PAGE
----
John Mabry at Teague Labs has been experimenting with 3D printing and consumer electronics. Named after the print time of the product, the project — 13:30 — is a set of fully functioning 3D printed headphones.
For many people — users and commentators — 3D printing is set to revolutionise mass consumer markets and consumer electronics will be key to this. In this regard, therefore, I believe the Teague Labs project signals a tremendous leap forward, resulting as it has in an equivalent product at an equivalent price when compared with traditionally manufactured products. The main difference is that these headphones are made on demand instead of via mass production — using 3D printing technology and consumer-sourceable components.
The 3D printed headphone set was revealed at Maker Faire in NYC last month and is clearly aimed at consumers with a sexy product design that could well fit in an Apple store. Further evidence of the consumer focus comes from the fact that the 13:30 can also be custom packaged, giving it a more added value.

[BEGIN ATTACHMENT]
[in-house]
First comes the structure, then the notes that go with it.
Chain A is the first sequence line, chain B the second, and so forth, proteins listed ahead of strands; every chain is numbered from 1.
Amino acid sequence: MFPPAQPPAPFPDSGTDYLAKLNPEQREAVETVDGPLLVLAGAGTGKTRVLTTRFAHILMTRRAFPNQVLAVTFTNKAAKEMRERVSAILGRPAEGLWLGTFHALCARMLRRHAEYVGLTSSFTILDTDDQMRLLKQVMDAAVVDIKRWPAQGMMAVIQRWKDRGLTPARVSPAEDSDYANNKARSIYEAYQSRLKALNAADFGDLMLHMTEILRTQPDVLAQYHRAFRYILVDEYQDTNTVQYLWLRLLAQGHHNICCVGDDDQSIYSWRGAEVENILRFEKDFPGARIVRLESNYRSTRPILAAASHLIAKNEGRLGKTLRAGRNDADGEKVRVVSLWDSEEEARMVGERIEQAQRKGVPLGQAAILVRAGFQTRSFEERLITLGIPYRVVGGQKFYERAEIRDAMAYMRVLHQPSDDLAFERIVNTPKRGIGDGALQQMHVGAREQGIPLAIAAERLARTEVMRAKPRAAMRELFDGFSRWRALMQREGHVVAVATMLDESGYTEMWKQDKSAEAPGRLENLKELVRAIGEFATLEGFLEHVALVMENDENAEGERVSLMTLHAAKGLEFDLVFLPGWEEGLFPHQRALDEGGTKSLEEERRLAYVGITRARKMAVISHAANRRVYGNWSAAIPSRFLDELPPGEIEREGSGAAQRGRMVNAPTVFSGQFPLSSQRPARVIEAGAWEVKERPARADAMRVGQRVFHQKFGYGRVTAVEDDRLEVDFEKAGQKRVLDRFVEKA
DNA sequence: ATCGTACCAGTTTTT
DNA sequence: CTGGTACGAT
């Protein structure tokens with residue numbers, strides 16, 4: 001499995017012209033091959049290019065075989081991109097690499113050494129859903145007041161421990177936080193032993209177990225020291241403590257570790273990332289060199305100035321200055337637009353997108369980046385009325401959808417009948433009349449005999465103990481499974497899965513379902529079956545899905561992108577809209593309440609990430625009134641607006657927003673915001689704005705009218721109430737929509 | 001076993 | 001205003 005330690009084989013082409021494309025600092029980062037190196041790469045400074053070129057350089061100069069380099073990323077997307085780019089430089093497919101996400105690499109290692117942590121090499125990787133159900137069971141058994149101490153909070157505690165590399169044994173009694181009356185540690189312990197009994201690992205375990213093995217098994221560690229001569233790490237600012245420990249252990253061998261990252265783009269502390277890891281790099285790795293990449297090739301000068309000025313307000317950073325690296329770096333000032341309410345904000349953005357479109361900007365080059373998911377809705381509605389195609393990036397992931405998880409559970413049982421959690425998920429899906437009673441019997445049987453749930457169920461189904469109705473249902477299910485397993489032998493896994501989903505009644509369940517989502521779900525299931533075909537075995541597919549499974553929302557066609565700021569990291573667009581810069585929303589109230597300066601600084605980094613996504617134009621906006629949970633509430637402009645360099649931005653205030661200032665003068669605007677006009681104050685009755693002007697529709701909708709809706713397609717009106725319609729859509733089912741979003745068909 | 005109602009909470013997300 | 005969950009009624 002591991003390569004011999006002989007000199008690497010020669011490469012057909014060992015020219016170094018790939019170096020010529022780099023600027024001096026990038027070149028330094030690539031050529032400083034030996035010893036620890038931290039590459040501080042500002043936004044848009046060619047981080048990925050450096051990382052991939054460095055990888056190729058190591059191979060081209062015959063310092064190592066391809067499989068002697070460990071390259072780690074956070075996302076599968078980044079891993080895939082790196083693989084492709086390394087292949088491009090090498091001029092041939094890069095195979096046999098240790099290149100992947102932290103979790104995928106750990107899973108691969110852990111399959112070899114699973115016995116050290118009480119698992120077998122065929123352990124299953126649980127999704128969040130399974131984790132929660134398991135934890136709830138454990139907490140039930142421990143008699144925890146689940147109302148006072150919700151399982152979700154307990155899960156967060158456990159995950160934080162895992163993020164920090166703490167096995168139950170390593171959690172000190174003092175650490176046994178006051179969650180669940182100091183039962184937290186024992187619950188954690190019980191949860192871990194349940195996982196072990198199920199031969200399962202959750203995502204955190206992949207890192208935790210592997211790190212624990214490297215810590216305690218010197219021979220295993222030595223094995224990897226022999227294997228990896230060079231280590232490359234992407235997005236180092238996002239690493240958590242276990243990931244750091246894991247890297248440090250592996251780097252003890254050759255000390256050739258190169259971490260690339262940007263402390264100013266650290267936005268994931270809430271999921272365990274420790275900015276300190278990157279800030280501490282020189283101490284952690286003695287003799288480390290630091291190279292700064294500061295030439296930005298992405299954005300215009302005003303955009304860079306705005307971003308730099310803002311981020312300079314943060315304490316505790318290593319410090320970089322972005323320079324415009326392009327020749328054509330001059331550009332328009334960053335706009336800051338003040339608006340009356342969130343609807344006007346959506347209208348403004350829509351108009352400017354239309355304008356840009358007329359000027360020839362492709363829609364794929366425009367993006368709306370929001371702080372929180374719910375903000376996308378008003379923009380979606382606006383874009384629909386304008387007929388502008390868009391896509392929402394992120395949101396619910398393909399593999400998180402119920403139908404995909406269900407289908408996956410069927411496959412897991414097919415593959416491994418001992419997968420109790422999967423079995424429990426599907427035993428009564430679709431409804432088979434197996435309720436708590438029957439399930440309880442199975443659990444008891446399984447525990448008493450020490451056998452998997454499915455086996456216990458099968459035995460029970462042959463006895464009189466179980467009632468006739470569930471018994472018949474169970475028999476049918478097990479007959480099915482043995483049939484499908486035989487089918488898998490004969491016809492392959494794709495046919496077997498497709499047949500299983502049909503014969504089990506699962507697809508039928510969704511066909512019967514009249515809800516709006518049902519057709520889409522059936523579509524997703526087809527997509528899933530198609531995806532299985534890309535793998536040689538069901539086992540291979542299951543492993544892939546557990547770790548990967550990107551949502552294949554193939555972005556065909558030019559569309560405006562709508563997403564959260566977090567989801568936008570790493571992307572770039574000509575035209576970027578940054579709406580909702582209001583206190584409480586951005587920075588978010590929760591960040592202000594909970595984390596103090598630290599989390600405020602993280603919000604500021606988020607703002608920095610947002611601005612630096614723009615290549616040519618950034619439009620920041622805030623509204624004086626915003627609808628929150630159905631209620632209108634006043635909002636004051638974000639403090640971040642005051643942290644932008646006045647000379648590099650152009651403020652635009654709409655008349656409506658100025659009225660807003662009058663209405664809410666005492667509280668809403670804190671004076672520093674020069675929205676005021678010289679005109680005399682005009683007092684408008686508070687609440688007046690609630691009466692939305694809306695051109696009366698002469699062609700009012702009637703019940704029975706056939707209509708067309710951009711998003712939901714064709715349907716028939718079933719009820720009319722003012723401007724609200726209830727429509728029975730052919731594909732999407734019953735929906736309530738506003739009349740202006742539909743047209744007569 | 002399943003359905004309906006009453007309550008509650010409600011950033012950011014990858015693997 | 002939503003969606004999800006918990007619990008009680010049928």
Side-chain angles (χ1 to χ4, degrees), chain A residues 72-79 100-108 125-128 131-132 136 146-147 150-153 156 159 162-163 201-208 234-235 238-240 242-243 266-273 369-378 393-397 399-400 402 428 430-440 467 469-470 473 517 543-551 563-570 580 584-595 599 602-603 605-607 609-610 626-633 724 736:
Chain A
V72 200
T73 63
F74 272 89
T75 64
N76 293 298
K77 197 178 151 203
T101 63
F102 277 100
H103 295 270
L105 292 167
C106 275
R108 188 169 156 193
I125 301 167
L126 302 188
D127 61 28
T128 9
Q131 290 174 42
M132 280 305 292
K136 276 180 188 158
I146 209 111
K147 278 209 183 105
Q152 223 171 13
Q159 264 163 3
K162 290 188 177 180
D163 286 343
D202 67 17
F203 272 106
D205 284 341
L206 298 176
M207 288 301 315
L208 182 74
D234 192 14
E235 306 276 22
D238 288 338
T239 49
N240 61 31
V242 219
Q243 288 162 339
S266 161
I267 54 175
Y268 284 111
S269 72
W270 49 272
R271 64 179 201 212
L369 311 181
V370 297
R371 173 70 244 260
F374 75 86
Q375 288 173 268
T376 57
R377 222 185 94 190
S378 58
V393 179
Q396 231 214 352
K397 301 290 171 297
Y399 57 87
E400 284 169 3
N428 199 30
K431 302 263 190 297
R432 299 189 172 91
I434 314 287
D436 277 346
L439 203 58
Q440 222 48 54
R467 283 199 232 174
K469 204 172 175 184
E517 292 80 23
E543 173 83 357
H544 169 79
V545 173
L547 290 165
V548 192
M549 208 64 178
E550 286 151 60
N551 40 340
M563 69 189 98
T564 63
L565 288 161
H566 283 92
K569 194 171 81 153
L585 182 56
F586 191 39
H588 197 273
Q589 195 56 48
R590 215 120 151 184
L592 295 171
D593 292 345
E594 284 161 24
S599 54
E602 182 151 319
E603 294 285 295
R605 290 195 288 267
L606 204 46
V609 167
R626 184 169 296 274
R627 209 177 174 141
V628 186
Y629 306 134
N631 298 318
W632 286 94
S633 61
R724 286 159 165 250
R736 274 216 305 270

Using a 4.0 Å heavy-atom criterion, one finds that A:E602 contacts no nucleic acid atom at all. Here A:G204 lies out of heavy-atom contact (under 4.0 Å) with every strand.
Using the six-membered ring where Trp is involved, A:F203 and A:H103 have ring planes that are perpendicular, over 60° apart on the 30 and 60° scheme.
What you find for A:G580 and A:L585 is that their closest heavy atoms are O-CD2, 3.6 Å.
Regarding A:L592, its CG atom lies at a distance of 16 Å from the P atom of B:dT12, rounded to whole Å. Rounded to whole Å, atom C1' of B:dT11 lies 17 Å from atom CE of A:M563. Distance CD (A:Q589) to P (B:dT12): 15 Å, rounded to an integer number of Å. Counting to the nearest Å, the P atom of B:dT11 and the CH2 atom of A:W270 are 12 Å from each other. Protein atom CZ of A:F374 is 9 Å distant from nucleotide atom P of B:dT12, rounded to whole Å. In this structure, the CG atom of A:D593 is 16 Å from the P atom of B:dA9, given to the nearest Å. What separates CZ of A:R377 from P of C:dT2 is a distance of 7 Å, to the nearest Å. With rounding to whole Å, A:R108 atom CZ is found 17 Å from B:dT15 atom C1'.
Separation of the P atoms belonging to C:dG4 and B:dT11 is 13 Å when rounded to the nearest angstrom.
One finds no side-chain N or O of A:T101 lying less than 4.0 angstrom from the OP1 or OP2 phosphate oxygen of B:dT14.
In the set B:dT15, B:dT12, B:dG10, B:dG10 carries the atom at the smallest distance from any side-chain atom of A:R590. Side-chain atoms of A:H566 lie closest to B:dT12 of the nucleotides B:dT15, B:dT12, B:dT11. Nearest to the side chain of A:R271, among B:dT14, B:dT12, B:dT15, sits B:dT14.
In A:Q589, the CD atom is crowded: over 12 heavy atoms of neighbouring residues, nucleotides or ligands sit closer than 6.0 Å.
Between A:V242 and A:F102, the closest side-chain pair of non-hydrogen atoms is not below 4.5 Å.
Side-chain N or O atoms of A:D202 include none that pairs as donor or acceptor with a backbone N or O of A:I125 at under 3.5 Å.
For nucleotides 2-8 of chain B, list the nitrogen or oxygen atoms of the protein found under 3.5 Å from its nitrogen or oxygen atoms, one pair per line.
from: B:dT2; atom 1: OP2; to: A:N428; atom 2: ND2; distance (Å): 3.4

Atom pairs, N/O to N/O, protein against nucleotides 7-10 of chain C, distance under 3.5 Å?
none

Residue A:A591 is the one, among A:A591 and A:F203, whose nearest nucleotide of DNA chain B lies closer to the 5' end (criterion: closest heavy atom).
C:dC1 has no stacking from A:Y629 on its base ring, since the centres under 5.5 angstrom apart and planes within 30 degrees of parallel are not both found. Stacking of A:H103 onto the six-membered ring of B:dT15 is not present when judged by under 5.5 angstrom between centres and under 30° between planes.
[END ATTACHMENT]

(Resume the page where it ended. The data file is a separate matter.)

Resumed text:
Further specs on the 13:30 include the flexible, but durable head-strap and semi-articulating ear pieces. As mentioned, the product takes its name from the original production time of one set, which took 13 hours 30 minutes on a professional FDM machine building in ABS. Obviously, this throws up an immediate problem, specifically that this type of 3d printer is not readily available to an average consumer. This led to the design being adapted for production on a MakerBot Replicator, which threw up a challenge: how to build a part of equivalent quality without soluble support.
One of the current problems with using entry-level 3D printers to create actual consumer electronics products has been the production capabilities of the printers themselves. However, this project has demonstrated a good product for a stress test as they are electronically simple but functionally complex.
As projects like this one emerge more and more frequently — which we are sure they will — it will not be too long before many more consumer products become available including more complex products that go beyond simple household products and plastic toys.
The blueprints for 13:30 can be downloaded from Thingiverse for anyone wanting to try them out for themselves. More images can be found in the image slider below.[nggallery id=8]